Devices & Diagnostics

4 ways alarm fatigue is being improved by the medical device and healthcare industries

It’s been more than a year since alarm fatigue was categorized as the top health technology hazard facing hospitals. More recently, it became the focus of an initiative led by the U.S. Food and Drug Administration. Philips Healthcare Chief Medical Informatics Officer Dr. Joseph Frassica sits on an alarm steering committee with members representing the […]

It’s been more than a year since alarm fatigue was categorized as the top health technology hazard facing hospitals. More recently, it became the focus of an initiative led by the U.S. Food and Drug Administration.

Philips Healthcare Chief Medical Informatics Officer Dr. Joseph Frassica sits on an alarm steering committee with members representing the Joint Commission, the U.S. Food and Drug Administration, physicians, nurses, device manufacturers and other experts. It is  developing a charter to provide a set of recommendations for this issue, along with a timeline for carrying it out. Frassica spoke with MedCity News about the complexities of alarm fatigue, what the company has done to address the issue and challenges the healthcare industry faces in the effort to make improvements.

Too much information Alarm fatigue is the effect of a cacophony of alerts generated from monitoring devices, particularly in a critical care setting,  on healthcare professionals in that environment. Many monitors have alerts that don’t necessarily reflect a specific, urgent condition. But the combination and number of urgent and non-urgent auditory alerts healthcare professionals are expected to interpret can increase the risk that an important alert will be missed until it’s too late.

The risk posed by alarm fatigue has been around since the invention of the EKG machine, observes Frassica. But since the FDA made it a priority, some of the focus has shifted to taking a look at the amount of information being generated. It’s also looking at what can be done to prioritize patient alerts. Although some patients may not be experiencing a pressing emergency, subtle changes in their condition flagged up in an appropriate way could help healthcare professionals better monitor their progression.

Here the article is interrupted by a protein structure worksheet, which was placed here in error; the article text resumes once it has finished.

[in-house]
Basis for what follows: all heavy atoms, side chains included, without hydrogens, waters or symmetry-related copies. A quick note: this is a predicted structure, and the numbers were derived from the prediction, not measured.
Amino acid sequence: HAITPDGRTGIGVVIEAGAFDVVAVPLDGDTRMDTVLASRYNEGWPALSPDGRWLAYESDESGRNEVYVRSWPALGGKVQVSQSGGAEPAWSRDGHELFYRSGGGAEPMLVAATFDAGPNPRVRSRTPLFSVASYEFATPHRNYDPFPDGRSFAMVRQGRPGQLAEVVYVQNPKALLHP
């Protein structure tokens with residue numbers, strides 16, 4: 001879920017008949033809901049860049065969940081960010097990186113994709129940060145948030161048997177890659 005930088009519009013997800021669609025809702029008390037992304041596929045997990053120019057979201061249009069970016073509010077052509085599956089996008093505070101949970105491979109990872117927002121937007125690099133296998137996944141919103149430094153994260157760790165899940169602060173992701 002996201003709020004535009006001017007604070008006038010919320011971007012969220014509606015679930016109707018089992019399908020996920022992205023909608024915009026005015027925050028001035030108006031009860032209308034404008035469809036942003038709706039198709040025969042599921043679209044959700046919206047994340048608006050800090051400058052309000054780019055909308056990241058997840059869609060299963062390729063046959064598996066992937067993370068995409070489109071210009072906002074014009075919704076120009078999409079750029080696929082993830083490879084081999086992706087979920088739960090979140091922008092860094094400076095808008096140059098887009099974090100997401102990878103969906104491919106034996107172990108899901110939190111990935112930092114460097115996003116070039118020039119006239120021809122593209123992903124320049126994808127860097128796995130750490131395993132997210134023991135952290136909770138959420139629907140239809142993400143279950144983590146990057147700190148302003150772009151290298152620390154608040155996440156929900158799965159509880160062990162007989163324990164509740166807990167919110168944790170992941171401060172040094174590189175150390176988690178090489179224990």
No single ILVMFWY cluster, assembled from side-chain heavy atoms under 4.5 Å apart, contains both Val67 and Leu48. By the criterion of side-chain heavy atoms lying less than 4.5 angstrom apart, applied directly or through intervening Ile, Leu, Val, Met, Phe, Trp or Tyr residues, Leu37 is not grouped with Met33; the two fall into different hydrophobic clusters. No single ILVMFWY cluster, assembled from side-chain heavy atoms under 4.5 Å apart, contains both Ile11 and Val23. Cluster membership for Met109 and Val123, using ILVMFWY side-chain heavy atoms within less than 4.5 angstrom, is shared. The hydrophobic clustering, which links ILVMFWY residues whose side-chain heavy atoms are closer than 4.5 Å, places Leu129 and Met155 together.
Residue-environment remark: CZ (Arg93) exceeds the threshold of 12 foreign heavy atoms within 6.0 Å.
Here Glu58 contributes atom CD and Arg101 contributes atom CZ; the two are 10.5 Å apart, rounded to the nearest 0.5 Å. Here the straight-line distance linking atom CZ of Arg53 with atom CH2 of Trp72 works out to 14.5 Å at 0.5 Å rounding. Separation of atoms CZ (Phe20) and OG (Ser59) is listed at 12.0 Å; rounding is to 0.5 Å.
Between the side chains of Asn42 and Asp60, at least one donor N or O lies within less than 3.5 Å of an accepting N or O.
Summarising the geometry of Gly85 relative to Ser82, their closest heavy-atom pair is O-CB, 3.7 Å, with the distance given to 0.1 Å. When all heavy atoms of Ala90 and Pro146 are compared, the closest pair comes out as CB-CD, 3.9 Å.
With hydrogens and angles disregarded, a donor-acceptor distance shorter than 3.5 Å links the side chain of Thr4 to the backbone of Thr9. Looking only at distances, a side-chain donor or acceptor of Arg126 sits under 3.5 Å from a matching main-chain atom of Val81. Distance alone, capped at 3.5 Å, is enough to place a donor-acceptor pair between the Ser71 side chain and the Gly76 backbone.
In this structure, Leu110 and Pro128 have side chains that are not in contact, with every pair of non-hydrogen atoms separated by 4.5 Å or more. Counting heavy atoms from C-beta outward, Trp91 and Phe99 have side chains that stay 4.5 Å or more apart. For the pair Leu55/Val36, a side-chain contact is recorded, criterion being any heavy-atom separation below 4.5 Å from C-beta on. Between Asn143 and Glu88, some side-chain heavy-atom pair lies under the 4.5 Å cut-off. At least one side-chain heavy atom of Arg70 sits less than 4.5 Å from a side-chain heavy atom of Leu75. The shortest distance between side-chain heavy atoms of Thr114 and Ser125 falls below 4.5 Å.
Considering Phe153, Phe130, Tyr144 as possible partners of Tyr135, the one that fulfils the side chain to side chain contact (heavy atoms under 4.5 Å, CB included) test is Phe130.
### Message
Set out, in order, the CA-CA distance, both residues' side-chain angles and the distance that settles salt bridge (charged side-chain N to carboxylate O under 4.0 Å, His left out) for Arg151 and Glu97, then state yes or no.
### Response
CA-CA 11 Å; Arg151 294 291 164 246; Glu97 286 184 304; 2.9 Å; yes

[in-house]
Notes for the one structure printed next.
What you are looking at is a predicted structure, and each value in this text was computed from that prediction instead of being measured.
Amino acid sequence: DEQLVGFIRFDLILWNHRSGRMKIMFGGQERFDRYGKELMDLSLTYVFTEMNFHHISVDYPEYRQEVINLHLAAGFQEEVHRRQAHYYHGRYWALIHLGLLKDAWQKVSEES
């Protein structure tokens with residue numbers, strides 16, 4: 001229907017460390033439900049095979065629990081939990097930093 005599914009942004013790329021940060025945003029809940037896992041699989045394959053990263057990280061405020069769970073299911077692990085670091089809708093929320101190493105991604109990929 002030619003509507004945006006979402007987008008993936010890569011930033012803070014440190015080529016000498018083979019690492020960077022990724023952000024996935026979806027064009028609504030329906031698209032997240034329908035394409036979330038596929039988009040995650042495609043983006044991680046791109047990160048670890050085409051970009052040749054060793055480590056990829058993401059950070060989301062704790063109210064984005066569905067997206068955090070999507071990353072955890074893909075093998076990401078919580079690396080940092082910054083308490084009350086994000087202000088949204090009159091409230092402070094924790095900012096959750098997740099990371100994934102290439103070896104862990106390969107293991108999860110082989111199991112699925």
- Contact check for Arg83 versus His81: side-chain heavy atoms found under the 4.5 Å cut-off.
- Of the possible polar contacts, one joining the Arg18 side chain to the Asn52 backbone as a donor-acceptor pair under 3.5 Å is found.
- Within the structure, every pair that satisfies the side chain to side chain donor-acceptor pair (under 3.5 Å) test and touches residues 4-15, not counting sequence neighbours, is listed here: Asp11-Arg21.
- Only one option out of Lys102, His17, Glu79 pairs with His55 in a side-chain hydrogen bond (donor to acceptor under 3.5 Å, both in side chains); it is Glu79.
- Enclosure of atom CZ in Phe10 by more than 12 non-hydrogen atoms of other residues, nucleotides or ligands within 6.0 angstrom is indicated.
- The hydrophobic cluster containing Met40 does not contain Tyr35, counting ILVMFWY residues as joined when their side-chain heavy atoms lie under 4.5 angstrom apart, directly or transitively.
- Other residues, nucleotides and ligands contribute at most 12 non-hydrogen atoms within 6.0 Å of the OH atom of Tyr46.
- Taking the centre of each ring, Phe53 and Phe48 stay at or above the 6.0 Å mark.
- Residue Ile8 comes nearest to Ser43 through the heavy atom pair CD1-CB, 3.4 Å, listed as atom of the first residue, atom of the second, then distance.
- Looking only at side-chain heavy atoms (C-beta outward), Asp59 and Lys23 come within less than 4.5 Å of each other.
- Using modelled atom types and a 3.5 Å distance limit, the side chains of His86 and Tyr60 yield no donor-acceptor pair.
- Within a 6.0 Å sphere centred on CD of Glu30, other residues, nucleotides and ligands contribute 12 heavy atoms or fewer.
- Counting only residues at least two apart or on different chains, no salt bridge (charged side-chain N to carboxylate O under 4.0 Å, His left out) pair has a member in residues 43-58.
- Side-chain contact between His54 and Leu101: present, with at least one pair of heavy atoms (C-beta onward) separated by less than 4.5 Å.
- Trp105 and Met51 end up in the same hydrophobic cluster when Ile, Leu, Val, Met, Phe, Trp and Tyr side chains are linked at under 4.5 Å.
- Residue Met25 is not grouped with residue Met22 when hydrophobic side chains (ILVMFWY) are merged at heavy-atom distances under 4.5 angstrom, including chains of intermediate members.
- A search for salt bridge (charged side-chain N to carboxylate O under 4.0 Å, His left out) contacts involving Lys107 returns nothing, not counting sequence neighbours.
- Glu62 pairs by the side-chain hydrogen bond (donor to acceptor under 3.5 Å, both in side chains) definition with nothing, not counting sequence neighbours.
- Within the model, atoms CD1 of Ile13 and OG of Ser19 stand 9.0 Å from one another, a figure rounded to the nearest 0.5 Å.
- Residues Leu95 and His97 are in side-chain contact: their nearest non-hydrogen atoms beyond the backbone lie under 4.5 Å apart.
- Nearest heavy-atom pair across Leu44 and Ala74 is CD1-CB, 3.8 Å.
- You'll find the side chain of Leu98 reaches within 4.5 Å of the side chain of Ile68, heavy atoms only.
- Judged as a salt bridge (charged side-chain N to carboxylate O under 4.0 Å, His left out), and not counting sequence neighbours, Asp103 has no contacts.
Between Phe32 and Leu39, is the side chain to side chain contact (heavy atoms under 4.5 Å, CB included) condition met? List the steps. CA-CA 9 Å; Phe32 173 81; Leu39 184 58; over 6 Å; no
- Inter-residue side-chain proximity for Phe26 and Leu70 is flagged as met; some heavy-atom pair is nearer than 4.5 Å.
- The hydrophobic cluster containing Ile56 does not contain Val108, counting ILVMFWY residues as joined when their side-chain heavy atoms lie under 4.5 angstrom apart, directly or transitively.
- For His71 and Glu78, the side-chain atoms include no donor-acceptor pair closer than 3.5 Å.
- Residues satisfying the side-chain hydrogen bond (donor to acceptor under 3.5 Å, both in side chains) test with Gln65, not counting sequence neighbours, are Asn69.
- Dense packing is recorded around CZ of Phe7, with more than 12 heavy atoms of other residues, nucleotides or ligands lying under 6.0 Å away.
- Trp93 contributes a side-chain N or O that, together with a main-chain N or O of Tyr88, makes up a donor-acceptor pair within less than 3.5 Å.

1. More specific alarms. “What has changed is, no longer is it OK to have very sensitive alarms that are non-specific.” said Frassica. “Most of the industry is working on building more specificity into their systems.”

2. Customizable or flexible alarm settings. One solution is to take a more personalized approach, not only for patients but for providers as well. Philips’ IntelliVue Guardian Early Warning Score  allows institutions to set parameters and thresholds to match their own scoring criteria. An action list can be configured and offers caregivers instant recommendations, according to the company’s website. It is designed to help clinicians to detect subtle signs of patient deterioration earlier. It also allows a log to be kept so that a nurse taking a blood pressure reading every shift can give an early warning score that gets reported back to a central system. That way, crucial information doesn’t get missed when shifts change. An alarm audit log allows healthcare organizations to look at alarms and see which ones have a high volume. It could be used to decide the parameters that would generate an alert or alarm.

“We know that most of our monitoring systems are built for very sick patients so the triggers are cued to patients that are likely to have an event,” Frassica said. “If you take that monitoring and put it on patients who are not as sick, alarms might be triggered by patient activities that are non-actionable events, like shaving or [using the bathroom].”

3. More interaction between medical device alarms. Maria Cvach, Johns Hopkins Hospital’s assistant director of nursing, clinical standards, has called for more intelligent, interoperable alarm systems. Philips Healthcare has a system that can provide a map of a patient moving towards a myocardial infarction, the ST Map. It grabs data from several different and integrates it into a visual display to help clinicians identify trends in a patient’s condition quickly at one glance.

4. Creating an alarm escalation plan. In an interview for Health Leaders Media Cvach talked about how Johns Hopkins has dealt with alarm fatigue starting in 2006. It eliminated duplication of alarms and used the experience of nurses to develop a triaging alarm system through nurses’ pagers. It also switched from an auditory alarm on some systems to a visible alarm — something medical device companies have added as well. One component of this process was also consulting with the leadership of nursing units in the hospital, asking them how they would like the system to work. Cvach and a team from Johns Hopkins were recognized for their work in alarm fatigue by the ECRI Institute earlier this month.

“We still have a ways to go helping healthcare organizations look not just at technology but also workflow, and how patients are affected,” said Frassica. “We think this is a global issue that needs policies for clinicians to be part of it so it’s a big task.”

[Photo credit: Bigstock Photo]

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